Although the EU-UK trade agreement has been concluded, it has become clear that there are still many issues to resolve and many areas left for the UK and EU to discuss further. At Instinctif Partners we will continue to track the evolving EU-UK relationship and monitor major changes in regulations the UK or the EU may adopt post-Brexit on a weekly basis.
EU-UK Future Relationship Updates
The UK announced a further extension to grace periods on good checks between Northern Ireland and Great Britain
• This week Brexit minister David Frost said the UK would continue to operate the Northern Ireland Protocol on the current terms, effectively unilaterally extending the grace periods currently in force.
• Frost said the UK will continue dialogue with the EU to “to see if it is possible to make genuine and substantive progress on the proposals in our Command Paper on the protocol”.
• The UK hopes that the move pushes the EU to renegotiate the protocol, with the EU saying that its focus “remains on identifying long-term, flexible and practical solutions to address issues related to the practical implementation of the Protocol”.
• The grace periods on border checks due to expire on October 1 include requirements for businesses to use export health certification for meat, dairy, fish and eggs products going from GB to NI. There are also suggestions that the UK could delay some controls on EU imports, also due to start on October 1.
• Though the UK and EU are far apart in this area – the UK wants an overhaul of the treaty, whilst the EU has no intention to renegotiate the protocol – neither side currently seems willing to dramatically escalate tensions.
• The leader of the Democratic Unionist Party (DUP) Jeffrey Donaldson, meanwhile, has threatened to collapse the Stormont power sharing agreement unless the Northern Ireland protocol is dropped.
• Donaldson said his party would also now boycott most north-south ministerial meetings, and block the imposition of any new checks at ports in Northern Ireland.
• Adrián Vázquez Lázara, Legal Affairs Committee chair of the European Parliament, has said that the simplest solution for the UK Government to accede to the Lugano convention is to join the European Free Trade Association (EFTA). The UK automatically left the convention when it exited the EU but applied for re-accession in April 2020.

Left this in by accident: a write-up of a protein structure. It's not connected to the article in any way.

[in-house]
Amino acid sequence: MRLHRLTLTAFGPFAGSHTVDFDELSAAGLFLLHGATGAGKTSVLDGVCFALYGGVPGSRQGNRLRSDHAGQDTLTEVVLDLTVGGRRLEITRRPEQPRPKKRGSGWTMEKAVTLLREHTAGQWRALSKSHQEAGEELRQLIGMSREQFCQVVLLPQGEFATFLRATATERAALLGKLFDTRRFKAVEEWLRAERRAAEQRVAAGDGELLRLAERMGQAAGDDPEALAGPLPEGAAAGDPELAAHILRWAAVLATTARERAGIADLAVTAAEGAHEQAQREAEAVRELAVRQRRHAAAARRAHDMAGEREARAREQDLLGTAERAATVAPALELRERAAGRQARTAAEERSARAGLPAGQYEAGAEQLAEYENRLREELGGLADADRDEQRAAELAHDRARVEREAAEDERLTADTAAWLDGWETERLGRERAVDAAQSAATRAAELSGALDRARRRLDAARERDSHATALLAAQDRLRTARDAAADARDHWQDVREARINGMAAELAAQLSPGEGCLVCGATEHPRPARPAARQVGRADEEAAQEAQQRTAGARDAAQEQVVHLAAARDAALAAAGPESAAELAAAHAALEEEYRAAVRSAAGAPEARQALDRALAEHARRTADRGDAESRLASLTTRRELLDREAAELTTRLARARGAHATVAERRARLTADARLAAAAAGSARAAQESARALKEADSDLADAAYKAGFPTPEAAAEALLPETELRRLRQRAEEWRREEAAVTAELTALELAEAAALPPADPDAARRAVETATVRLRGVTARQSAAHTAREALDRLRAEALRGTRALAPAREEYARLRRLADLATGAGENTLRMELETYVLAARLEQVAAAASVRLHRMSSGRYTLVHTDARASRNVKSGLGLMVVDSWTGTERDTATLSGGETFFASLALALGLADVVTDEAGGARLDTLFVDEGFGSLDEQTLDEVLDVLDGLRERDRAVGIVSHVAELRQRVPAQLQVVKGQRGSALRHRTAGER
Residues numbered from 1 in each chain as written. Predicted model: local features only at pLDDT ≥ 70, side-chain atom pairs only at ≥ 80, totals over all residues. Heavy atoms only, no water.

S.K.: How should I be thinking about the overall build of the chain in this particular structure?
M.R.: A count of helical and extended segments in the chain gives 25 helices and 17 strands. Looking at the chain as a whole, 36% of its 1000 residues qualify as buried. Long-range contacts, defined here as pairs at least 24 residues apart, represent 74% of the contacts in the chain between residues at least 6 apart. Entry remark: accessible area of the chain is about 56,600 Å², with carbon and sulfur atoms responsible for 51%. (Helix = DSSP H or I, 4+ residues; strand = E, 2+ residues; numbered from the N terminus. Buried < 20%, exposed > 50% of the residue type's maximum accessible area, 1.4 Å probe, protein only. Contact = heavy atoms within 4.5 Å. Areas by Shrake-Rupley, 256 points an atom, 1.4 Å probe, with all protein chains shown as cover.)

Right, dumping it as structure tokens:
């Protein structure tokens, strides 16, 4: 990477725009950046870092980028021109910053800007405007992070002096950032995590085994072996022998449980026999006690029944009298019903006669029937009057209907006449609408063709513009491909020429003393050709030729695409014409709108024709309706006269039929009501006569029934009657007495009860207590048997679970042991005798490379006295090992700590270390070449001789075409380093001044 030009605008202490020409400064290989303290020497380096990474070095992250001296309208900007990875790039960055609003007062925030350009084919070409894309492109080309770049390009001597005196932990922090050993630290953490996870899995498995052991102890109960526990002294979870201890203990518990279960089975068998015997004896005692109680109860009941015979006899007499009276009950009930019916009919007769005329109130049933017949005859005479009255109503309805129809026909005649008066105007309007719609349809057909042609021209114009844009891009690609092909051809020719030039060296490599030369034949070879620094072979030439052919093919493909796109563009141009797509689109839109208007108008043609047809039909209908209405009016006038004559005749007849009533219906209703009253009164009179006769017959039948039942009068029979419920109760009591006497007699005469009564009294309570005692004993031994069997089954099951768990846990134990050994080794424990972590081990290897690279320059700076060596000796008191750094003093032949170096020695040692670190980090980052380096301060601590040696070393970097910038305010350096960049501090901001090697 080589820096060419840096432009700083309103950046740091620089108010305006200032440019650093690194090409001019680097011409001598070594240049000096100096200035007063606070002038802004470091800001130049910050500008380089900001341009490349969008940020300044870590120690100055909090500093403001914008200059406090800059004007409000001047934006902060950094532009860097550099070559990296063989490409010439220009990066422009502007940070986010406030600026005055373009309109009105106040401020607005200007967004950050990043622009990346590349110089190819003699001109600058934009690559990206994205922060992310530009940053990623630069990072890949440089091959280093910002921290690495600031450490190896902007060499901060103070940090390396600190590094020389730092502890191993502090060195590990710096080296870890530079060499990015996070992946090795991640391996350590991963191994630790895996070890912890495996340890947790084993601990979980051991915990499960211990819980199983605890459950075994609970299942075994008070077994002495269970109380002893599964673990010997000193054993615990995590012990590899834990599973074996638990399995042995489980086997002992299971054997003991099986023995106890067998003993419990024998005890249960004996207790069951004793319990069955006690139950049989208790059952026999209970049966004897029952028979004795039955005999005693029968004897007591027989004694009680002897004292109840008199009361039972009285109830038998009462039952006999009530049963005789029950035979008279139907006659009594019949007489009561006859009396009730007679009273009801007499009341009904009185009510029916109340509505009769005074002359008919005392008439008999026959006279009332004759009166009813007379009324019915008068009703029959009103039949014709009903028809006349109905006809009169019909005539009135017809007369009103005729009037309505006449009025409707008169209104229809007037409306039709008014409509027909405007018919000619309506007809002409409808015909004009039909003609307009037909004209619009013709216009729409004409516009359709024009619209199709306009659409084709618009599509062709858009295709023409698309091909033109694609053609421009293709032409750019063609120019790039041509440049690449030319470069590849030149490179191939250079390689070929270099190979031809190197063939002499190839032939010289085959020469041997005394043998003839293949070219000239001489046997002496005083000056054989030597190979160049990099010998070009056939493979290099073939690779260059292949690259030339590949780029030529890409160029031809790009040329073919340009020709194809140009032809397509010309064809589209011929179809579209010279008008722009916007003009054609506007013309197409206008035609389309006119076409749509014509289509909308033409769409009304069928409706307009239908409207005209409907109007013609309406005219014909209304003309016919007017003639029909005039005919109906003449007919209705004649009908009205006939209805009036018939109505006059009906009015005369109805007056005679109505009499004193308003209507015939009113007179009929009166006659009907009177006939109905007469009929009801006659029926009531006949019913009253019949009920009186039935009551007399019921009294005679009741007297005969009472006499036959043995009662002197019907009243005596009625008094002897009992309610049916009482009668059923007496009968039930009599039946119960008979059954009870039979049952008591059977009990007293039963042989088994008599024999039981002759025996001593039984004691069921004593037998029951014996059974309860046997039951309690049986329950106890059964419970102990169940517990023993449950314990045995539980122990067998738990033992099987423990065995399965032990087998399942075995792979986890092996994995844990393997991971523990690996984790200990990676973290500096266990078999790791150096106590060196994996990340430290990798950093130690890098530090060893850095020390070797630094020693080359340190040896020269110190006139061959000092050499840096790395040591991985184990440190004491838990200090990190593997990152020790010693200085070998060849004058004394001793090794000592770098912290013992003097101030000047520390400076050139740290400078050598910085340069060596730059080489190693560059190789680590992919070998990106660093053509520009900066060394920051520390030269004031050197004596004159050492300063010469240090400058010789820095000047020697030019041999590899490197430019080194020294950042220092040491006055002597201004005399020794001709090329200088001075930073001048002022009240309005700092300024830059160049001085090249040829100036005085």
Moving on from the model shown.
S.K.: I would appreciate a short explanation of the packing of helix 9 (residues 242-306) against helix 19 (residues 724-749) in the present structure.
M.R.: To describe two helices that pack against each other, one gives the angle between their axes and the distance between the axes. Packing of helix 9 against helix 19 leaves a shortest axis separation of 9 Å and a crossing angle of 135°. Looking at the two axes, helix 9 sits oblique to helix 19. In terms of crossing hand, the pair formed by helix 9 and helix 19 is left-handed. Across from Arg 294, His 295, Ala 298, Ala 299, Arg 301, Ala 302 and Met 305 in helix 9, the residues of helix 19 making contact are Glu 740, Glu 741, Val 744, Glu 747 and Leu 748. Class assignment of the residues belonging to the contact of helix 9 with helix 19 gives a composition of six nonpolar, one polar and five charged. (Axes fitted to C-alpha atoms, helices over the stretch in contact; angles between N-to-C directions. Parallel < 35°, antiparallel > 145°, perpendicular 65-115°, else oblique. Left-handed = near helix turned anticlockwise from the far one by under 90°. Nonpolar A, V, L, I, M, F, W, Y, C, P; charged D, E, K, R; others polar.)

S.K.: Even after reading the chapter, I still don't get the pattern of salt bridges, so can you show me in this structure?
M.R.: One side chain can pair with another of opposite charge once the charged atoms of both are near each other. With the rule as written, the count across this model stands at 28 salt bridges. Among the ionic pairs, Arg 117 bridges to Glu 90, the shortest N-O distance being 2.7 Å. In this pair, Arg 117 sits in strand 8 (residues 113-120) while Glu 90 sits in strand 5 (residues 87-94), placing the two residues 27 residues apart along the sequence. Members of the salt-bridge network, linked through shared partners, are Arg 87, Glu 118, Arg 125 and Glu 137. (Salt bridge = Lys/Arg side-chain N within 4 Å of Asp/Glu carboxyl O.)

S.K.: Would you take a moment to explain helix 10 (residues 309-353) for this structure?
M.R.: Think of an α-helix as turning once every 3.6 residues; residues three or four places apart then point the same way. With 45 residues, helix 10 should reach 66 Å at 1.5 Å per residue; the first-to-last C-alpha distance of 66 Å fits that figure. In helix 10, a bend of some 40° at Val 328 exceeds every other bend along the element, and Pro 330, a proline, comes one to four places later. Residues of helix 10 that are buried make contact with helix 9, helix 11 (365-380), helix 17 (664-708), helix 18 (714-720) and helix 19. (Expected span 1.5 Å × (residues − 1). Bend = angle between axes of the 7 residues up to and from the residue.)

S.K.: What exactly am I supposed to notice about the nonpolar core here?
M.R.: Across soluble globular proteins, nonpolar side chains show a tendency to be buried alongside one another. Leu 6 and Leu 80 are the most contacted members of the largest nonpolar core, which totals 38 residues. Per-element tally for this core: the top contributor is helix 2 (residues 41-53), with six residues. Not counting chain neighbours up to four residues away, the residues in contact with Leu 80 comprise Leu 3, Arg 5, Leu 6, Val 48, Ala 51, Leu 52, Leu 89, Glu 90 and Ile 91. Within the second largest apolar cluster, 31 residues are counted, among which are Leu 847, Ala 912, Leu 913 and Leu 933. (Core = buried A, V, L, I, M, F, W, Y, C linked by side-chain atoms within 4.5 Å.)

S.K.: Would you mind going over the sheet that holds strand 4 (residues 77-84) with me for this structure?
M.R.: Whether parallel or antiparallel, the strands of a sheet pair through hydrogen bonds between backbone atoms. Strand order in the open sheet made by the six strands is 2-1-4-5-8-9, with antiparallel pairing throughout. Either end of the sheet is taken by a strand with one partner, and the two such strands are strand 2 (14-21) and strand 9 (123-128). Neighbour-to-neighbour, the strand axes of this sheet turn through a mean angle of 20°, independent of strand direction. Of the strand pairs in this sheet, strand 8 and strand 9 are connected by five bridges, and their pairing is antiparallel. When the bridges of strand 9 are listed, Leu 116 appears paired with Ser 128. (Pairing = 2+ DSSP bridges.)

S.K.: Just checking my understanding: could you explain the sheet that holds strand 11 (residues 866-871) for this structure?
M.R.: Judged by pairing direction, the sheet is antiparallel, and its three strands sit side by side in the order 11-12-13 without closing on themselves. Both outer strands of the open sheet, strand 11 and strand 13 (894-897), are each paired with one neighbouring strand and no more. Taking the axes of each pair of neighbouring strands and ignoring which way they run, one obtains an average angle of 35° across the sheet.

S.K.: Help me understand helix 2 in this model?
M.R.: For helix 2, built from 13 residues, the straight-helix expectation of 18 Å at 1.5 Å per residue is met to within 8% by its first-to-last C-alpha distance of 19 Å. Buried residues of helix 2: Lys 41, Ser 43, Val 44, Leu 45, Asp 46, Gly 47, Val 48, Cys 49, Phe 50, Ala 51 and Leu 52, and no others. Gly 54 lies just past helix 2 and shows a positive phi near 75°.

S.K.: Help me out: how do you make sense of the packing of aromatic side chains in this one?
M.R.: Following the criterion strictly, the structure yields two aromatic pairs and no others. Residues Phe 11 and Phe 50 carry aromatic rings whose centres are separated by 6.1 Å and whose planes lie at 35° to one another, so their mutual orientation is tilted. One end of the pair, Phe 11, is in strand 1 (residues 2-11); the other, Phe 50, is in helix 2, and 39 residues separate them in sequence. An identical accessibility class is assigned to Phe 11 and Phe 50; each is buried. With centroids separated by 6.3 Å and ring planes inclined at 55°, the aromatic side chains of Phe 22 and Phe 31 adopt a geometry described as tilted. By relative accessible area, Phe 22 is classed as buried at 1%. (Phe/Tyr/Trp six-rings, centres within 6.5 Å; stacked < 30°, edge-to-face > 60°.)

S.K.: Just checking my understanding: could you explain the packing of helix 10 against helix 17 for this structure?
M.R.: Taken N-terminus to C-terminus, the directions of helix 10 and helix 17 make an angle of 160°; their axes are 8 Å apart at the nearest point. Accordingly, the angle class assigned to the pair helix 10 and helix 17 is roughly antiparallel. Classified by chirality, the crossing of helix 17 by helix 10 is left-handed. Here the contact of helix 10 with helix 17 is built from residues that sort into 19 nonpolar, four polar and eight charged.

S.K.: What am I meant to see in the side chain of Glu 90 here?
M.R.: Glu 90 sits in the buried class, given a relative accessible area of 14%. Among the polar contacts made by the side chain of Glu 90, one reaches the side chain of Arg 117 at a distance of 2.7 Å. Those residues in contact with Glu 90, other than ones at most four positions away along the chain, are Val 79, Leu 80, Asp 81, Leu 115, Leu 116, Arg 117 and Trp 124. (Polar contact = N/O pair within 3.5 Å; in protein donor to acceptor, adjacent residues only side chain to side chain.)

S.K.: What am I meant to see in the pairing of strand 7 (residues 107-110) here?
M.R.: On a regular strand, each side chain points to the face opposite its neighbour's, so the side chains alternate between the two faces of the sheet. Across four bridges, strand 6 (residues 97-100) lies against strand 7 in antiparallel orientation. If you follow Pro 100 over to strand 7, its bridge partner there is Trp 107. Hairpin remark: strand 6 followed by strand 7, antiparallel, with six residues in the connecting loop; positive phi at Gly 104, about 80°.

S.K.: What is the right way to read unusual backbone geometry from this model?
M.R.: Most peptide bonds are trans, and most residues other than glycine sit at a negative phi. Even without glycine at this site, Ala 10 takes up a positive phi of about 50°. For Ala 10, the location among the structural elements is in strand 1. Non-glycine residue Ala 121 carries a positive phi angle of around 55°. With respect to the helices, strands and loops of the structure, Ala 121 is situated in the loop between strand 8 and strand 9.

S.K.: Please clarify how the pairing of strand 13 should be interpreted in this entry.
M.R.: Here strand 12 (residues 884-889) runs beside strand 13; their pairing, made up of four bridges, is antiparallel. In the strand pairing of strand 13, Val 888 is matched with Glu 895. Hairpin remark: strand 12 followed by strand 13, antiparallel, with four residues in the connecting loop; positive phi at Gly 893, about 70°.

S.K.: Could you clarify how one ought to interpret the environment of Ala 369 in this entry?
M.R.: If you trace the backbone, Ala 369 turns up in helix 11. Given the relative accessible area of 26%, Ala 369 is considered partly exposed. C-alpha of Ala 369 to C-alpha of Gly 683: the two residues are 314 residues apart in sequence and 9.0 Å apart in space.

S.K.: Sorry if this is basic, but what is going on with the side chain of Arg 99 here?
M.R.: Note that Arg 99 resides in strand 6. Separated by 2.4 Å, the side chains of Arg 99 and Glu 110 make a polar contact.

• The Convention clarifies which national courts can deal with certain cross-border civil and commercial legal cases and provides for easy mutual recognition of rulings.
• The European Commission, earlier this year, informed the Swiss government – depository of the convention – it would not recommend accepting the UK’s application.
Tensions grow over channel crossings
• The UK Government has voiced anger at France over migrant boat crossings after more than 1,500 migrants crossed the English Channel this week alone.
• Home Secretary Priti Patel told MPs that France “won’t see a penny” from the £54.2m/ €63m Britain had promised to pay to double coast-guard patrols.
• Meanwhile, France has urged the UK Government to stick to the coast-guard patrol deal, and said that Britain would look bad if it placed new conditions on the deal.
• In an attempt to stop migrant crossings, the UK Government is seeking to rewrite its interpretation of international maritime law to enable British coast-guards to intercept and push back migrant boats into French waters instead of rescuing them directly.
• The French interior minister, Gérald Darmanin, has labelled the proposal “blackmail” and “posturing” from his UK counterpart.
Other EU-UK Relationship News
• The British Council, the UK’s international organisation for cultural relations and educational opportunities, is closing many of its overseas offices as the pandemic and lockdown measures have meant that income from English-language teaching and exams have sharply fallen.
• The Council will close its offices in the USA and Belgium, as well others in Africa and South America, and cutting staff in other European countries.
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